Indiana vape law challenged – FBI investigating

Vapers in Indiana were outraged recently as a new state law looked set to force almost all e-liquids off the market. State legislators had ruled that any liquid vendor who wanted their products to be sold in Indiana had to sign a contract with an approved security company.

The problem was that the standards for the security company appeared to have been written specifically for one company, Mulhaupt’s Inc. of Lafayette, Indiana. In fact it appears that no other security firm anywhere in the USA meets the standards. Since the law was passed Mulhaupt’s have only accepted six applications out of several hundred, which restricts Indiana vapers to five brands – one of the approved ones doesn’t actually make e-liquid yet.

Indiana: Corruption allegations in new vaping regulation, FBI on the case

Predictably, most of the industry was as outraged as vapers themselves. A Florida-based company, GoodCat, attempted to sign up with Mulhaupt’s but was rejected; they then put together an equivalent security package by contracting with multiple Florida agencies, but were rejected by Indiana’s licensing authority. At that point they lost their temper and went to court. Interestingly, the six licensed vendors intervened on the side of the state authorities.

Last Thursday a federal court judge ruled that the law violated the right to interstate commerce, and granted GoodCat an injunction that lets them sell in Indiana. That sets a precedent for other liquid makers to follow, weakening the law. What’s most interesting, though, is that Indiana vape shops testified to the hearing that the licensed manufacturers had increased their prices by up to 44% once the law barred their competition. As a result the FBI are now investigating whether collusion between these vendors, Mulhaupt’s and legislators influenced the new law.

Post-Brexit cull of EU rules could include TPD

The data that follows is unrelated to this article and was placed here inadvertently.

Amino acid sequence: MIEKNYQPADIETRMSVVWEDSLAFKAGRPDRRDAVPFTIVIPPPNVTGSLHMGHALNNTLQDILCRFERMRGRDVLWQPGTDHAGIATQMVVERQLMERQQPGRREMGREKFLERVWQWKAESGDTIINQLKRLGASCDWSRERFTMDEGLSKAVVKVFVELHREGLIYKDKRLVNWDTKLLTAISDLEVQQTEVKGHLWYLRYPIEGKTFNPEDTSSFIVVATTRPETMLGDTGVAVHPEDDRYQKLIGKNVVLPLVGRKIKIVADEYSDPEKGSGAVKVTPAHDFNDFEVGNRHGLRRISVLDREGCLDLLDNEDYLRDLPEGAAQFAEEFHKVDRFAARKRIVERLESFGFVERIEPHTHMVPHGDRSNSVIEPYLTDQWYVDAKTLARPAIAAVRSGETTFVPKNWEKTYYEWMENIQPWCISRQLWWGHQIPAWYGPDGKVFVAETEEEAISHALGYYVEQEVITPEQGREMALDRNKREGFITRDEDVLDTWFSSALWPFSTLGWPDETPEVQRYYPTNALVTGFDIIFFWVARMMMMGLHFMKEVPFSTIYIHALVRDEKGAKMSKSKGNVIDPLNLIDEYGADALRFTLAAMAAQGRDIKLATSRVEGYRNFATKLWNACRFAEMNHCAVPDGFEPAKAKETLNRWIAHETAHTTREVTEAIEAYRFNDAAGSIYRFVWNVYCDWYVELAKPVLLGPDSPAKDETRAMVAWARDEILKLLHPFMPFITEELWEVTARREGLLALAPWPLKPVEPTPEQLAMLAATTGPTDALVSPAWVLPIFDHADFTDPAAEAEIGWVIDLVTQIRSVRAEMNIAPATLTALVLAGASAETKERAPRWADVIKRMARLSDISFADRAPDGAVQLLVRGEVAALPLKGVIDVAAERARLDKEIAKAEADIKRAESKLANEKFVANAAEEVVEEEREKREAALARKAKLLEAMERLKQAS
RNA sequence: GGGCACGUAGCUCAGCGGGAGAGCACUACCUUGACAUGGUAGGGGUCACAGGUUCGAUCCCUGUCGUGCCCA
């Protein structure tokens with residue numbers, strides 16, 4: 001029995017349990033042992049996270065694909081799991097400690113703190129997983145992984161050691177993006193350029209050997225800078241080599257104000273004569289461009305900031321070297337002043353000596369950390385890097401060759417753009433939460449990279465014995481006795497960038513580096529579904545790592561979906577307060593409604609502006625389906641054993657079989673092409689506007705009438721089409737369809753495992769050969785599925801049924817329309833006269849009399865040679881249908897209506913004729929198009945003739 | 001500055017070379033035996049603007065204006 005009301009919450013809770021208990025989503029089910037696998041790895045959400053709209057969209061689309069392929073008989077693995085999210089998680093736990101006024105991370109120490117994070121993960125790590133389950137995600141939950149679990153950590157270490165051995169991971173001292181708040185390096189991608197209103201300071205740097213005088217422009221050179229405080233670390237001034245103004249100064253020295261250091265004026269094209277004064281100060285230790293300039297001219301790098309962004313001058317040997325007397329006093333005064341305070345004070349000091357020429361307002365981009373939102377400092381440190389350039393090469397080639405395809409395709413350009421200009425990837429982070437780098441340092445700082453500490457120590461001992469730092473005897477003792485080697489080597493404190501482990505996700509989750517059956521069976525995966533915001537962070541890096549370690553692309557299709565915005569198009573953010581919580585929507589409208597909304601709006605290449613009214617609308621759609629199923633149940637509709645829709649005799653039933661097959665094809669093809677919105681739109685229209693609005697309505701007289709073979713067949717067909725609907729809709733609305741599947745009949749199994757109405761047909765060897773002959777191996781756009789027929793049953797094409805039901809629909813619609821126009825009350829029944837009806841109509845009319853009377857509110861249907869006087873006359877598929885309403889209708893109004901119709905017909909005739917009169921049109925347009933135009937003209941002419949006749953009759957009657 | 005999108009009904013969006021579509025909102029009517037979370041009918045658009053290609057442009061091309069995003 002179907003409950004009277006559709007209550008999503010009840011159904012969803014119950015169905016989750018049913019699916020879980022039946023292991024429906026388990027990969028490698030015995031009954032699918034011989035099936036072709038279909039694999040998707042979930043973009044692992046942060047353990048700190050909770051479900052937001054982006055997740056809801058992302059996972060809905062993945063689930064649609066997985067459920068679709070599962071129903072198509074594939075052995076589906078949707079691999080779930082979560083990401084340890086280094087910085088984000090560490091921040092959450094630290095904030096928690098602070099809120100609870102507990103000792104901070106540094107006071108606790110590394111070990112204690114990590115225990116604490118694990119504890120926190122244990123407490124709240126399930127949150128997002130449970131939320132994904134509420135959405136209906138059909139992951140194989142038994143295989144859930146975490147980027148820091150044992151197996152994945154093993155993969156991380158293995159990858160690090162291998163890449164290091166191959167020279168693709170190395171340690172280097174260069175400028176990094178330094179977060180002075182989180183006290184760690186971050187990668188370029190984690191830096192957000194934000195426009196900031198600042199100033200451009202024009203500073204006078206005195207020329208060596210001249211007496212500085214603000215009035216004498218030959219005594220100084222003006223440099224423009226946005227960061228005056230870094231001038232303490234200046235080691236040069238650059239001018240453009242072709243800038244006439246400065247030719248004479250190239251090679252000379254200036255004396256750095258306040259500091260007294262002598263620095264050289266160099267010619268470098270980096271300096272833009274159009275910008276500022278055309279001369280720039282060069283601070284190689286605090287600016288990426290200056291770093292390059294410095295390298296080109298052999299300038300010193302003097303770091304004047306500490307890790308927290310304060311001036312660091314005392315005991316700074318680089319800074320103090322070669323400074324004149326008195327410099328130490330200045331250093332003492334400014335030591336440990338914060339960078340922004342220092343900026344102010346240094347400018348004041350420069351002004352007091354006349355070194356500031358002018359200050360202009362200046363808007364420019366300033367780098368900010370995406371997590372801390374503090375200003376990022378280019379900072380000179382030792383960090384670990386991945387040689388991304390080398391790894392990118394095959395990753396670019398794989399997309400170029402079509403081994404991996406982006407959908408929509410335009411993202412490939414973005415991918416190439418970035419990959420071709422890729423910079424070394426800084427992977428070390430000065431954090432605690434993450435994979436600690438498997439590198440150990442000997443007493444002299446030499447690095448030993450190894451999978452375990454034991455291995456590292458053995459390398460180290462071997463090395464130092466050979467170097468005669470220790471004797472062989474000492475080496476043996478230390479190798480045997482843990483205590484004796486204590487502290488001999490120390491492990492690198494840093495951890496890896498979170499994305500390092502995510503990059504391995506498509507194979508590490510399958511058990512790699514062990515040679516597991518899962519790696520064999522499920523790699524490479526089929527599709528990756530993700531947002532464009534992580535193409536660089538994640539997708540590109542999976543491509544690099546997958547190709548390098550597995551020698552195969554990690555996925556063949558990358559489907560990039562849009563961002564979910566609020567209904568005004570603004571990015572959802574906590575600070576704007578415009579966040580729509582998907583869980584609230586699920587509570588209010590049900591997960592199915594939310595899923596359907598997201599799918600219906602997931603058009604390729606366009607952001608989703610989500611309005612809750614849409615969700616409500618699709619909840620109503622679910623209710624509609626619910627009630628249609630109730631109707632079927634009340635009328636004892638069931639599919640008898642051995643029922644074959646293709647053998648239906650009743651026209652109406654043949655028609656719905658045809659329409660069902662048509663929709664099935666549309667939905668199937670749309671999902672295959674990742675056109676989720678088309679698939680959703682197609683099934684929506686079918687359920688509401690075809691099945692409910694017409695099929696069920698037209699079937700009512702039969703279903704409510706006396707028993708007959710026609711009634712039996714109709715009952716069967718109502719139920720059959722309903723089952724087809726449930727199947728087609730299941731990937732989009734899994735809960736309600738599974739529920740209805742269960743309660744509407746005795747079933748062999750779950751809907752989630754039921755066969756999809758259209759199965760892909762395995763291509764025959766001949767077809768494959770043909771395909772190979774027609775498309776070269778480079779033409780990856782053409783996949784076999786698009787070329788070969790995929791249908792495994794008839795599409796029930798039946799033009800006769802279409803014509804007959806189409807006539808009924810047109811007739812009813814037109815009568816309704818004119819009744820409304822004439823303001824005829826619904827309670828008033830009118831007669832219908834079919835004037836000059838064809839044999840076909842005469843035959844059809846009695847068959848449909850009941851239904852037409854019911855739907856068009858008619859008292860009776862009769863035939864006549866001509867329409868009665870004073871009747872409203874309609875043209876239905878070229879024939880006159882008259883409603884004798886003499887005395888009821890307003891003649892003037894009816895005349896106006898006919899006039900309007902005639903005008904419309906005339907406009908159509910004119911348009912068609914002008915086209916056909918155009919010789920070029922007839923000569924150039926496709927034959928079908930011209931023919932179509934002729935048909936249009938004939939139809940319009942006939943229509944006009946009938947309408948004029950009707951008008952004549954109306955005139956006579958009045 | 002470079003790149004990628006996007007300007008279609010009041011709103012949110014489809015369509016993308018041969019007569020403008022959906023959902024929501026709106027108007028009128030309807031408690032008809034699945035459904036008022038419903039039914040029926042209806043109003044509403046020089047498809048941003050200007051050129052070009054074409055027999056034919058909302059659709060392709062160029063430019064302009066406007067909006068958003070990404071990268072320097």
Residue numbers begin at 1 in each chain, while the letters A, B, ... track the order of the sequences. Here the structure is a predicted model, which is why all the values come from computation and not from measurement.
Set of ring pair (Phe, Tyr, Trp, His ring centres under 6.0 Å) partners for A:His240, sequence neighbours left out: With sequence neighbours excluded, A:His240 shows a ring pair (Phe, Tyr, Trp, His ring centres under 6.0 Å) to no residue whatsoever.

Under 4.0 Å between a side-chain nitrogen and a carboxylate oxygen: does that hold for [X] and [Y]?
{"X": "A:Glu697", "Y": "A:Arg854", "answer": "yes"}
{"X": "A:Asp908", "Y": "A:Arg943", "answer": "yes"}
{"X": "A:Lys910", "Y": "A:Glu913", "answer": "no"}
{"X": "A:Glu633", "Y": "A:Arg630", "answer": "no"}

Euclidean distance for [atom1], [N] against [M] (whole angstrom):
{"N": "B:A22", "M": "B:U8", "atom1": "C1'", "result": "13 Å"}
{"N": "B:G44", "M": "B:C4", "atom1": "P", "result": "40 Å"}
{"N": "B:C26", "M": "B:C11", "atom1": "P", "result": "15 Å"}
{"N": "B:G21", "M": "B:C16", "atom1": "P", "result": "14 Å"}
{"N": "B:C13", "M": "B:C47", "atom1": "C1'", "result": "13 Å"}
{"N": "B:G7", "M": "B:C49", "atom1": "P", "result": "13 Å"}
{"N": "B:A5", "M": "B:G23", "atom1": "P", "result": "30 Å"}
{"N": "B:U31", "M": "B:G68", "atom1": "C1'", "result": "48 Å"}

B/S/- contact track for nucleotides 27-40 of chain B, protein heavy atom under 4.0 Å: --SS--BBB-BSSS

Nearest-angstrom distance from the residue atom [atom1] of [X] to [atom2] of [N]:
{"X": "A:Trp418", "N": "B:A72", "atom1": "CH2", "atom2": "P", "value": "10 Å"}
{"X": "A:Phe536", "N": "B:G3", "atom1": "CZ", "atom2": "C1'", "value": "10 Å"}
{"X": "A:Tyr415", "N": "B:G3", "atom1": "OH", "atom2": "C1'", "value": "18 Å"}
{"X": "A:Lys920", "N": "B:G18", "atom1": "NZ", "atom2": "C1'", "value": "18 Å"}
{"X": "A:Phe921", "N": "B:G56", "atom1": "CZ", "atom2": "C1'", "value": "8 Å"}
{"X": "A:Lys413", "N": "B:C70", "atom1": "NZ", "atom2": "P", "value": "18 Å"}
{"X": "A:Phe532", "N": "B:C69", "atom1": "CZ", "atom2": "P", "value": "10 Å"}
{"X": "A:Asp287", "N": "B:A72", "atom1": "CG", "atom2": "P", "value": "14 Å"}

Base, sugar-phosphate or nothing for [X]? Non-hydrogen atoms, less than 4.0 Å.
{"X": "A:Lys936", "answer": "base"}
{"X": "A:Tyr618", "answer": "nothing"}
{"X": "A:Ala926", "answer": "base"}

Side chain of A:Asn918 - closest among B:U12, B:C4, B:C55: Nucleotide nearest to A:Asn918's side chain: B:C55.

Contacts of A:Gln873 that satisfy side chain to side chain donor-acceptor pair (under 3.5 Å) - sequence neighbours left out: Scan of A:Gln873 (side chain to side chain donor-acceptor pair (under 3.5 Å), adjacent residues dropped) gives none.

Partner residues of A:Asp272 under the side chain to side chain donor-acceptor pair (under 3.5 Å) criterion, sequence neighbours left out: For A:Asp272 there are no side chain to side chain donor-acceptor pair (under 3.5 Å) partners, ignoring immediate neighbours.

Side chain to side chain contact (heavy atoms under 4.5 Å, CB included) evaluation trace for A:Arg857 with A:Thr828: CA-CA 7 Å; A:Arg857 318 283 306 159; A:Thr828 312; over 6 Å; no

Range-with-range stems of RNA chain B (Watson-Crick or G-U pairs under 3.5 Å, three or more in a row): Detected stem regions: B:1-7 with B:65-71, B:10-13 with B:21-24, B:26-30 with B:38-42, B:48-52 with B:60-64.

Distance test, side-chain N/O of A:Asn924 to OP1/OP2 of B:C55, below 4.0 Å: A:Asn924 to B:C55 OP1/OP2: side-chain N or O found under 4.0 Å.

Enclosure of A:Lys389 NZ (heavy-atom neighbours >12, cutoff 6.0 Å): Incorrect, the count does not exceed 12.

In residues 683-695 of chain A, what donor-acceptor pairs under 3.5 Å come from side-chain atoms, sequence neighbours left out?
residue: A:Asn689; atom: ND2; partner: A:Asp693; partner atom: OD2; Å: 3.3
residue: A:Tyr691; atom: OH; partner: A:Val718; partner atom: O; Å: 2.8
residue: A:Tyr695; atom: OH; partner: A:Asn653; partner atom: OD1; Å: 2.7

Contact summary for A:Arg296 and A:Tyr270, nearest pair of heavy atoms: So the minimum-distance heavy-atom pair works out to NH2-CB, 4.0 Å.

British tabloid The Sun reported on Wednesday that the government is planning a huge clear-out of EU regulations once the UK reclaims its independence – and the hated Tobacco Products Directive is in the firing line.

According to the report, a source in the Department of Health told The Sun that the TPD is an area the government will “consider carefully as part of the process of leaving the EU.” That’s likely to upset anti-smoking groups like ASH, who have also publicly supported the EU’s assault on vapers, but many more sober voices have already raised doubts about its effectiveness. Even pro-EU former prime minister David Cameron criticised the TPD ban on packs of less than 20 cigarettes, stating that he wasn’t sure why the EU wanted to make smokers buy more cigarettes.

The Sun mainly focused on the ban on menthol cigarettes, which is also part of the TPD, but the sections that affect e-cigarettes are probably more likely to be scrapped. With the UK’s medical establishment now broadly supportive of vaping, laws that ban the most effective products aren’t likely to find many defenders.

Omani black market sounds a warning note for the FDA

While the FDA’s Mitch Zeller doesn’t believe harsh new restrictions on US vapers will lead to a black market, evidence from elsewhere strongly suggests he’s wrong. The conservative Persian Gulf sultanate of Oman has strict laws (fr) against importing any form of vapour product, with offenders fined up to 500 Omani Rials (€1,150 or £985). Similar penalties apply to anyone caught selling them inside the country. Despite this, the Times of Oman reported on Wednesday that a black market in e-cigarettes and liquid is thriving across the sultanate.

The Omani government introduced the ban in December 2015, but it’s had little effect on the number of vapers. Strictly enforced bans on vaping gear are common in the Middle East, although cigarettes are widely available and can be smoked almost anywhere. Oman is actually one of the more liberal countries – the Royal Oman Police confirm that possession or use of e-cigarettes is legal despite the ban on imports or sales. Even so, the existence of such an effective black market in a small, relatively authoritarian country suggests that US vapers will have no trouble establishing one.

New South Wales proposes new restrictions

Australia is another country with a lively black market, this time in nicotine-containing liquids, thanks to its draconian anti-vaping laws. Now New South Wales is considering tightening the rules even more to ban vaping in all public places. The move aims to standardise the state’s rules with those in Queensland, Victoria and the Australian Capital Territory (Canberra). It would effectively ban vaping anywhere smoking is banned. Harm reduction experts, including Dr Attila Dank and Professor Colin Mendelsohn, immediately spoke out against the proposals.

New vaping regulation proposed in NSW Australia